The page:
Source - Financial Times
The assurance of “made in Japan” suggests a certain level of myth as much as quality. From the Damascus steel of a Shun knife to the advanced polyesters at Comme des Garçons, it connects heritage obsession with forward-thinking technology. One area in which Japanese manufacturing particularly excels is in its eyewear, which features the best of its tradition and dazzling engineering, as well as a difficulty of execution that can seem almost wilfully deliberate. “When we visit our makers in Japan, we get to see incredible things,” says Cody Cho, vice-president of the LA-based brand Dita, which recently opened its first London flagship in Knightsbridge. “It’s always a mix of the old world and the new – there are men using Toyota machinery from the ’30s, and then you have guys immersing titanium sheets in water and using lasers to cut into them.”
Dita, founded in 1995, is just one brand that relies on Japanese savoir-faire to create the very best in eyewear. Its Epiluxury line of frames (from £1,300), launched in 2019, represents a flamboyant experiment in engineering, each with three interchangeable temples (the two arms of the glasses, which extend behind the ears). You can swap them for an opulent material for a swanky evening event, or a snug cable version if you’re riding a rollercoaster.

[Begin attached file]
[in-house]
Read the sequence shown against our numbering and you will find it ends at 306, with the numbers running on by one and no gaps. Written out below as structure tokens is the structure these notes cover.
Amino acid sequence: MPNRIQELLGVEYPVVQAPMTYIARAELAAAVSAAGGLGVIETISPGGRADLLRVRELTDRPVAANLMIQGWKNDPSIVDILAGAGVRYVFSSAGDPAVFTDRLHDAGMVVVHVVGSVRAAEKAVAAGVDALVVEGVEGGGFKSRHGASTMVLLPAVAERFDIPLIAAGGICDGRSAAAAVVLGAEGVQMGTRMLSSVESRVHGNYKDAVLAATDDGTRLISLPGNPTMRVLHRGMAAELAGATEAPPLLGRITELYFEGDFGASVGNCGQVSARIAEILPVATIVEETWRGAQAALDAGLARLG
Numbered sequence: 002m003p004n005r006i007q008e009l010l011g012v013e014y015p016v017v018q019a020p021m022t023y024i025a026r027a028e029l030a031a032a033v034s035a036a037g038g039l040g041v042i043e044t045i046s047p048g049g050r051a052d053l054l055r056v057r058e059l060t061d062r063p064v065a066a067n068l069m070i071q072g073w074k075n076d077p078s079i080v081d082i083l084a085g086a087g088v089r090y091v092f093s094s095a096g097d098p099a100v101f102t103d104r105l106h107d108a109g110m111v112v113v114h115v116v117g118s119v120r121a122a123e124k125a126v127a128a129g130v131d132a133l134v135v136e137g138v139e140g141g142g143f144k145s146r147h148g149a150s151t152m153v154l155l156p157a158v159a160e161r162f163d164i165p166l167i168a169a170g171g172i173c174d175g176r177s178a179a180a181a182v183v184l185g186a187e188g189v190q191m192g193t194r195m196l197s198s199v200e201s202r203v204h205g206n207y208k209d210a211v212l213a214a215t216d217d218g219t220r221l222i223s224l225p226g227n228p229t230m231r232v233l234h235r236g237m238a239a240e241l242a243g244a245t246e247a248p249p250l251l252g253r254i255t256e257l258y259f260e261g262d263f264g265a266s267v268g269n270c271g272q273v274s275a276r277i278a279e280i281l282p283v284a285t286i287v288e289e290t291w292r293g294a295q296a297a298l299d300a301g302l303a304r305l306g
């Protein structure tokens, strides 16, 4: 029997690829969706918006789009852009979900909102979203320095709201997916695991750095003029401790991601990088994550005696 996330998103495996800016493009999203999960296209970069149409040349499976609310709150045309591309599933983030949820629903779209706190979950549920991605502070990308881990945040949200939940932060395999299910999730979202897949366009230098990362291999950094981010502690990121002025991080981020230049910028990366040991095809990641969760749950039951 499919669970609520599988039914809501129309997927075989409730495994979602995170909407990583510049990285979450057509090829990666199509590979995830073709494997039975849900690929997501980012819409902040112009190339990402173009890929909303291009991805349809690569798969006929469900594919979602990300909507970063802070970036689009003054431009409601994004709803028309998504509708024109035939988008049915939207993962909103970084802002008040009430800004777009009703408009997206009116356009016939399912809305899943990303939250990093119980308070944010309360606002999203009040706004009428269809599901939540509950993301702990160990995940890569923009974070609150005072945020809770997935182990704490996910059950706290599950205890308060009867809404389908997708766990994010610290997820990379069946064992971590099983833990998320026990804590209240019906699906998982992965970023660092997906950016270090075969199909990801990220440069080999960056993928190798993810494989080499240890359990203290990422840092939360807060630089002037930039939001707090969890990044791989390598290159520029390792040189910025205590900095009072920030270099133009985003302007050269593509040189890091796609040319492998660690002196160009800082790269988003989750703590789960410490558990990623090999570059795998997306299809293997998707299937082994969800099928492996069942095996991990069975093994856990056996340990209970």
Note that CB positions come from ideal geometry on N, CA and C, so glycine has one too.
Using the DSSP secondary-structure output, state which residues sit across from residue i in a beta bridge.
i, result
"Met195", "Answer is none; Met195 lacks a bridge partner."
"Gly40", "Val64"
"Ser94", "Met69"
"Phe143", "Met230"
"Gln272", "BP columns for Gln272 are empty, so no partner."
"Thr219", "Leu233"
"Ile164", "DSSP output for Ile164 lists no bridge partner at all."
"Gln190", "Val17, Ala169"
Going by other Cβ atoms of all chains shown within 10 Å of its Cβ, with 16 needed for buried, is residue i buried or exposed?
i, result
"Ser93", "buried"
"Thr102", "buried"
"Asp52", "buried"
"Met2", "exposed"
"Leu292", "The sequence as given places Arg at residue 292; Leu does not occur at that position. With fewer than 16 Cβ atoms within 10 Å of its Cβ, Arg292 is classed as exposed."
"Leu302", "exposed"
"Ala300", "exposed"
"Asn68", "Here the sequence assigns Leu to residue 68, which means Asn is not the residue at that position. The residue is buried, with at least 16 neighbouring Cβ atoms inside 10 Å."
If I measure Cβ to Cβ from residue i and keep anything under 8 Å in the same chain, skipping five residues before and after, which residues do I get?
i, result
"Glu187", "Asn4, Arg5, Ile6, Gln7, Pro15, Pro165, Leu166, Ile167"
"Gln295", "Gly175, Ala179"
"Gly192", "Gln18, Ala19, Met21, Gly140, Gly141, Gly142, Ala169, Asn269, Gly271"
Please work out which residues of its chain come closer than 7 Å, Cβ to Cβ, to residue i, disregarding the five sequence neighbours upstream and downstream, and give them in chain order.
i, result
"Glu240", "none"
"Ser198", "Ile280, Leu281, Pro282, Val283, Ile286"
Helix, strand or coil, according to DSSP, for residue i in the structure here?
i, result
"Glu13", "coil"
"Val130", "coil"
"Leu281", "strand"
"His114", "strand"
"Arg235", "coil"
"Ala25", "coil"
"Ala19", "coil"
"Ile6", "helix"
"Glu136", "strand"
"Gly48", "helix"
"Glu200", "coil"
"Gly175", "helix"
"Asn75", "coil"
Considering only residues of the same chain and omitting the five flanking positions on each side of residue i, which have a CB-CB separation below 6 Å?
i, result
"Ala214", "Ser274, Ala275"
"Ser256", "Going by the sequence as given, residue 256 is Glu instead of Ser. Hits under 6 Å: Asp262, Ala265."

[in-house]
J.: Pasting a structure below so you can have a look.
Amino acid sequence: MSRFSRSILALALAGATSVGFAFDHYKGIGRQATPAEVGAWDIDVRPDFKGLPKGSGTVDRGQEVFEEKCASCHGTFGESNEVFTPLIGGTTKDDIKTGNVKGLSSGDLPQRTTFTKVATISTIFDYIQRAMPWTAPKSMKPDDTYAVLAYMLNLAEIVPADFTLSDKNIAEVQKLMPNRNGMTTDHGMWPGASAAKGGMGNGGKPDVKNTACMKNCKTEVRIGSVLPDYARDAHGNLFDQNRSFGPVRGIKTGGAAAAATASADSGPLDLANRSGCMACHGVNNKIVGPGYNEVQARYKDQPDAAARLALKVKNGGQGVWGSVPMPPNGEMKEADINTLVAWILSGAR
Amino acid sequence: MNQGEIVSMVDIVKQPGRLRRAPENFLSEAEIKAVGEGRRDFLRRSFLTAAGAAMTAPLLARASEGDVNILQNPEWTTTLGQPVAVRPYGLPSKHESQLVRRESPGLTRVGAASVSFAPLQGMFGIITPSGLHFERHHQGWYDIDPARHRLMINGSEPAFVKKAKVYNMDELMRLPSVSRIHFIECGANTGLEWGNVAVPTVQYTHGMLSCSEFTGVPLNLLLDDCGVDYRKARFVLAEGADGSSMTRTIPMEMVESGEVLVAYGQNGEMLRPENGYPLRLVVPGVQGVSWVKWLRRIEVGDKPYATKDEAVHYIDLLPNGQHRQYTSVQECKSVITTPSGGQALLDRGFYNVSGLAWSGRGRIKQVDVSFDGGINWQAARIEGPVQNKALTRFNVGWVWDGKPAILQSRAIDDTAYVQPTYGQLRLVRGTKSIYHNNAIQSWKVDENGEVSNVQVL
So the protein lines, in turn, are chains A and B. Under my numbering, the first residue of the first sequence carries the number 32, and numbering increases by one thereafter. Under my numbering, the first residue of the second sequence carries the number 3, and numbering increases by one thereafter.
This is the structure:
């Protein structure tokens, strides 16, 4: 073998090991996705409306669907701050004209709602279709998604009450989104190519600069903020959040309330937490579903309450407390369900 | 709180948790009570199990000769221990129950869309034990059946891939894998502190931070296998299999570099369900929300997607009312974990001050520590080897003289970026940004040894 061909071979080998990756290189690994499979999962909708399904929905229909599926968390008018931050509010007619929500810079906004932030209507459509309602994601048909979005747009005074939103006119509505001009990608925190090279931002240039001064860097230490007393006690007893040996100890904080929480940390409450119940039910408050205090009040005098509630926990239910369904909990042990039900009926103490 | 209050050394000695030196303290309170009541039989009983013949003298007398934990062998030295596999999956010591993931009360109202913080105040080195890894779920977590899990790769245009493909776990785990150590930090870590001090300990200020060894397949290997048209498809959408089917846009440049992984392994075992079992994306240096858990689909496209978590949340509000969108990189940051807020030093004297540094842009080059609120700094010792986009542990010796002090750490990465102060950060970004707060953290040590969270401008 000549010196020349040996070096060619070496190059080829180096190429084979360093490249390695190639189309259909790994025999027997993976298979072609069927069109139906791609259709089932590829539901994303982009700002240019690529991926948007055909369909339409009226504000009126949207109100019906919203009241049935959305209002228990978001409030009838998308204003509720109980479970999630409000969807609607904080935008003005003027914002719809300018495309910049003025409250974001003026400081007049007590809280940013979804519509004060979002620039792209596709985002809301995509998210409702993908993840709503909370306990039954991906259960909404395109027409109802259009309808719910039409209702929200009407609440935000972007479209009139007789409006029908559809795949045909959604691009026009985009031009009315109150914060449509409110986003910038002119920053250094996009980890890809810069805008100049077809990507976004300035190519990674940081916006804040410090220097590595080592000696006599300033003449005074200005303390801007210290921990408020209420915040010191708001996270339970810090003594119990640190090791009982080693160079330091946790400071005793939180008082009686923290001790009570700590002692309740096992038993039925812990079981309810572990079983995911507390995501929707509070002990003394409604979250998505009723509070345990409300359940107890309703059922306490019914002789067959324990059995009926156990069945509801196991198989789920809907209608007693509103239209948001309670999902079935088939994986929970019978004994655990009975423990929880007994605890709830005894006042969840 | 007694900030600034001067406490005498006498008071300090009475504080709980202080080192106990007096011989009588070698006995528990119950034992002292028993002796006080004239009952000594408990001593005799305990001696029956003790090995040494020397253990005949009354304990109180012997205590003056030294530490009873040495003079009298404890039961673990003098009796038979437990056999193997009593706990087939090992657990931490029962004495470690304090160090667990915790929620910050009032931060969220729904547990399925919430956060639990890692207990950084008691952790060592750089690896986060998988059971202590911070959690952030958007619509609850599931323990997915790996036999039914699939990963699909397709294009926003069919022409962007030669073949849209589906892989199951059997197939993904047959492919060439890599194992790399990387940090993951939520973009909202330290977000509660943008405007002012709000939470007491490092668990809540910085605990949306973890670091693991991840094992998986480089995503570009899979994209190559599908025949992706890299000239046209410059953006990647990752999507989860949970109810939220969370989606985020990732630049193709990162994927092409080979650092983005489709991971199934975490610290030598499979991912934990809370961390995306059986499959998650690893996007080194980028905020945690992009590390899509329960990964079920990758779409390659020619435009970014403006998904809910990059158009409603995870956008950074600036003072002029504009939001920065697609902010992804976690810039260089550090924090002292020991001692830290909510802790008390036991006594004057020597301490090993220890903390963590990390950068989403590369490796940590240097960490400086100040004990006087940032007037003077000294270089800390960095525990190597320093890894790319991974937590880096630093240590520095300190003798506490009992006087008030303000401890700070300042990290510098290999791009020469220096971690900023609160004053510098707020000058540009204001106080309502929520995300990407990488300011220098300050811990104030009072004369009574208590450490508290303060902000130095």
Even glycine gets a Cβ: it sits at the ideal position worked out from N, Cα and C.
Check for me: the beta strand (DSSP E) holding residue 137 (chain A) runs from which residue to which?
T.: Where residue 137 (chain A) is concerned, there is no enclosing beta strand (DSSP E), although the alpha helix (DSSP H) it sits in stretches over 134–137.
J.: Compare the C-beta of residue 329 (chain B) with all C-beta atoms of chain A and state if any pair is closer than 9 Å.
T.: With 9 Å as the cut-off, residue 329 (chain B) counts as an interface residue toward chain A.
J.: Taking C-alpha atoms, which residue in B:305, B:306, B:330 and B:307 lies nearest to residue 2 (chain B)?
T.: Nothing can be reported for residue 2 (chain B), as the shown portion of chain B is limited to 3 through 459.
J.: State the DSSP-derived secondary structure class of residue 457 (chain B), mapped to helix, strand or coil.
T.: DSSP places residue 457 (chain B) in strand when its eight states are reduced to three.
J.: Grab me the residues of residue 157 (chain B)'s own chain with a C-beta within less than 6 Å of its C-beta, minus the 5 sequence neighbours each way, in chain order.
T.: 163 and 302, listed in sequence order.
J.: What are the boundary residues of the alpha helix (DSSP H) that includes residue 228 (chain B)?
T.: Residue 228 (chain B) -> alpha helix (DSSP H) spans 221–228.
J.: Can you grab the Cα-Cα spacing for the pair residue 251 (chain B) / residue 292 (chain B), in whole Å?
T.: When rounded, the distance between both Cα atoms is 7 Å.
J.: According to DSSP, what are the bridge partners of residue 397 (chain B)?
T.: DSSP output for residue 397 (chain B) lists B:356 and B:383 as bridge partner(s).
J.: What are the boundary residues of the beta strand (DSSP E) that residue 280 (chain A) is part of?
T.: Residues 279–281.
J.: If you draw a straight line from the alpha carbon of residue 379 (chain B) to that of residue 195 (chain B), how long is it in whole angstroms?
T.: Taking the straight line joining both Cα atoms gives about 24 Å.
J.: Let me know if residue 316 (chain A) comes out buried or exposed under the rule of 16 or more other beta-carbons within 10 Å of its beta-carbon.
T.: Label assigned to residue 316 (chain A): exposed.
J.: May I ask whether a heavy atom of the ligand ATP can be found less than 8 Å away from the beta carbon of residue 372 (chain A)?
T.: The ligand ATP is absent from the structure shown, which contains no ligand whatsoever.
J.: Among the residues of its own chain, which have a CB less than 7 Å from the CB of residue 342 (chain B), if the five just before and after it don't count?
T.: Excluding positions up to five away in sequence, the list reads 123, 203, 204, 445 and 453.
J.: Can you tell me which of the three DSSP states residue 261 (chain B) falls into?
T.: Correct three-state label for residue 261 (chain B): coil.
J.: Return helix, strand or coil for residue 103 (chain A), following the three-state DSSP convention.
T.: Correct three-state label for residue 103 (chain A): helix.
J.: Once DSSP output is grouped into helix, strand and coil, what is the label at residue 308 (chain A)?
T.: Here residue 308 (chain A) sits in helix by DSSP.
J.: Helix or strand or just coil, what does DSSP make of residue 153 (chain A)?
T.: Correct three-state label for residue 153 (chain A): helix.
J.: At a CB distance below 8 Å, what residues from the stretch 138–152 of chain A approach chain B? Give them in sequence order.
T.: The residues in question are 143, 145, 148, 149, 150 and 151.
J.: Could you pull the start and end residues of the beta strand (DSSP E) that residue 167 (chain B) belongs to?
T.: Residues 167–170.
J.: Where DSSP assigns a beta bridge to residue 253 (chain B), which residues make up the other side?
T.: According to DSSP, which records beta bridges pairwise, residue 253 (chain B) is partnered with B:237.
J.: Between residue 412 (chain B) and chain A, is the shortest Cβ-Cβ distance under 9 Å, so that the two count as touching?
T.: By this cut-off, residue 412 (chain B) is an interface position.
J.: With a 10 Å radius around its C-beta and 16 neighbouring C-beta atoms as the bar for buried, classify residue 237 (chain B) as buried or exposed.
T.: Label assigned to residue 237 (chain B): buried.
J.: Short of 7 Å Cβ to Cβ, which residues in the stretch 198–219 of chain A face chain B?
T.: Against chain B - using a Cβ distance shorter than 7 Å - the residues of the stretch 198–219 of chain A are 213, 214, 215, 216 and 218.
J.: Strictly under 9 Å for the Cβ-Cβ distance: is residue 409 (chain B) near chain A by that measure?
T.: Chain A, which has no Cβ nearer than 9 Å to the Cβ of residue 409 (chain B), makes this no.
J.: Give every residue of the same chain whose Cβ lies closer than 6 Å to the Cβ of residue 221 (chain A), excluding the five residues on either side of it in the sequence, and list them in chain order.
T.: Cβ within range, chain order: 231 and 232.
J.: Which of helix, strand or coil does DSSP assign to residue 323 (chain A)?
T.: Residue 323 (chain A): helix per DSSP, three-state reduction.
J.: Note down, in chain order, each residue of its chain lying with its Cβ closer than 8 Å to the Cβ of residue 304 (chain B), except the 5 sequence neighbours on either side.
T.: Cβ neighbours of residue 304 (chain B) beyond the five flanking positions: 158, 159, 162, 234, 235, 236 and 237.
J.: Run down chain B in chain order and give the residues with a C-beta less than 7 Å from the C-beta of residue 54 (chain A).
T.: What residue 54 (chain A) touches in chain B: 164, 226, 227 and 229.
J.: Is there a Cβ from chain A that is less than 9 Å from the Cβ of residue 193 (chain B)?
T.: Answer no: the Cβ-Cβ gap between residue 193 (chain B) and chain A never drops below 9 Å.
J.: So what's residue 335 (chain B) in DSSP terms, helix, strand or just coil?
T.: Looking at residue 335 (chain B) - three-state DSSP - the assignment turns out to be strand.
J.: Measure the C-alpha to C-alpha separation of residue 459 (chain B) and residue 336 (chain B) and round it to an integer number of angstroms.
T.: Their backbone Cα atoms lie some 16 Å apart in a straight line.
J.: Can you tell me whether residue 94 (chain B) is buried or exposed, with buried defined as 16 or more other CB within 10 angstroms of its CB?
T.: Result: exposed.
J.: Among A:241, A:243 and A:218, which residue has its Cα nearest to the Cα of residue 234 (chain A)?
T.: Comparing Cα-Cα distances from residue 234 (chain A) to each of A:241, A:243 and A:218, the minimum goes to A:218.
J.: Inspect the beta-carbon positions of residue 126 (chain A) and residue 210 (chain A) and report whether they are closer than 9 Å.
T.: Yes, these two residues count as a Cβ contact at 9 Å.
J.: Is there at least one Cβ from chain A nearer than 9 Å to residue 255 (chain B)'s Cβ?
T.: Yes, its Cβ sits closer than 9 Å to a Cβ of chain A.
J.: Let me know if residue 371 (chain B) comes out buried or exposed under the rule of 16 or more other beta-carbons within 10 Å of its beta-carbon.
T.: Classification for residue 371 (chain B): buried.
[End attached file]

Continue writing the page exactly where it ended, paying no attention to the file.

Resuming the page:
Like the extraordinary selvedge denim woven in Kojima, it’s the materials used in Japanese eyewear that make them so impressive. Pick up a pair of Dita Mastix frames and you can tell the acetate is special, with a higher gloss than its European equivalents: it’s a plant-based cellulose originally developed to replace ivory, and the Japanese have elevated it sky-high. “We use a special variety that is highly compressed so that it’s structurally very strong, but also thin,” says James Kisgen, who relaunched the Matsuda brand in 2012. “Japanese acetate is also aged for a long time, so it has a deep, rich colour.” Read more.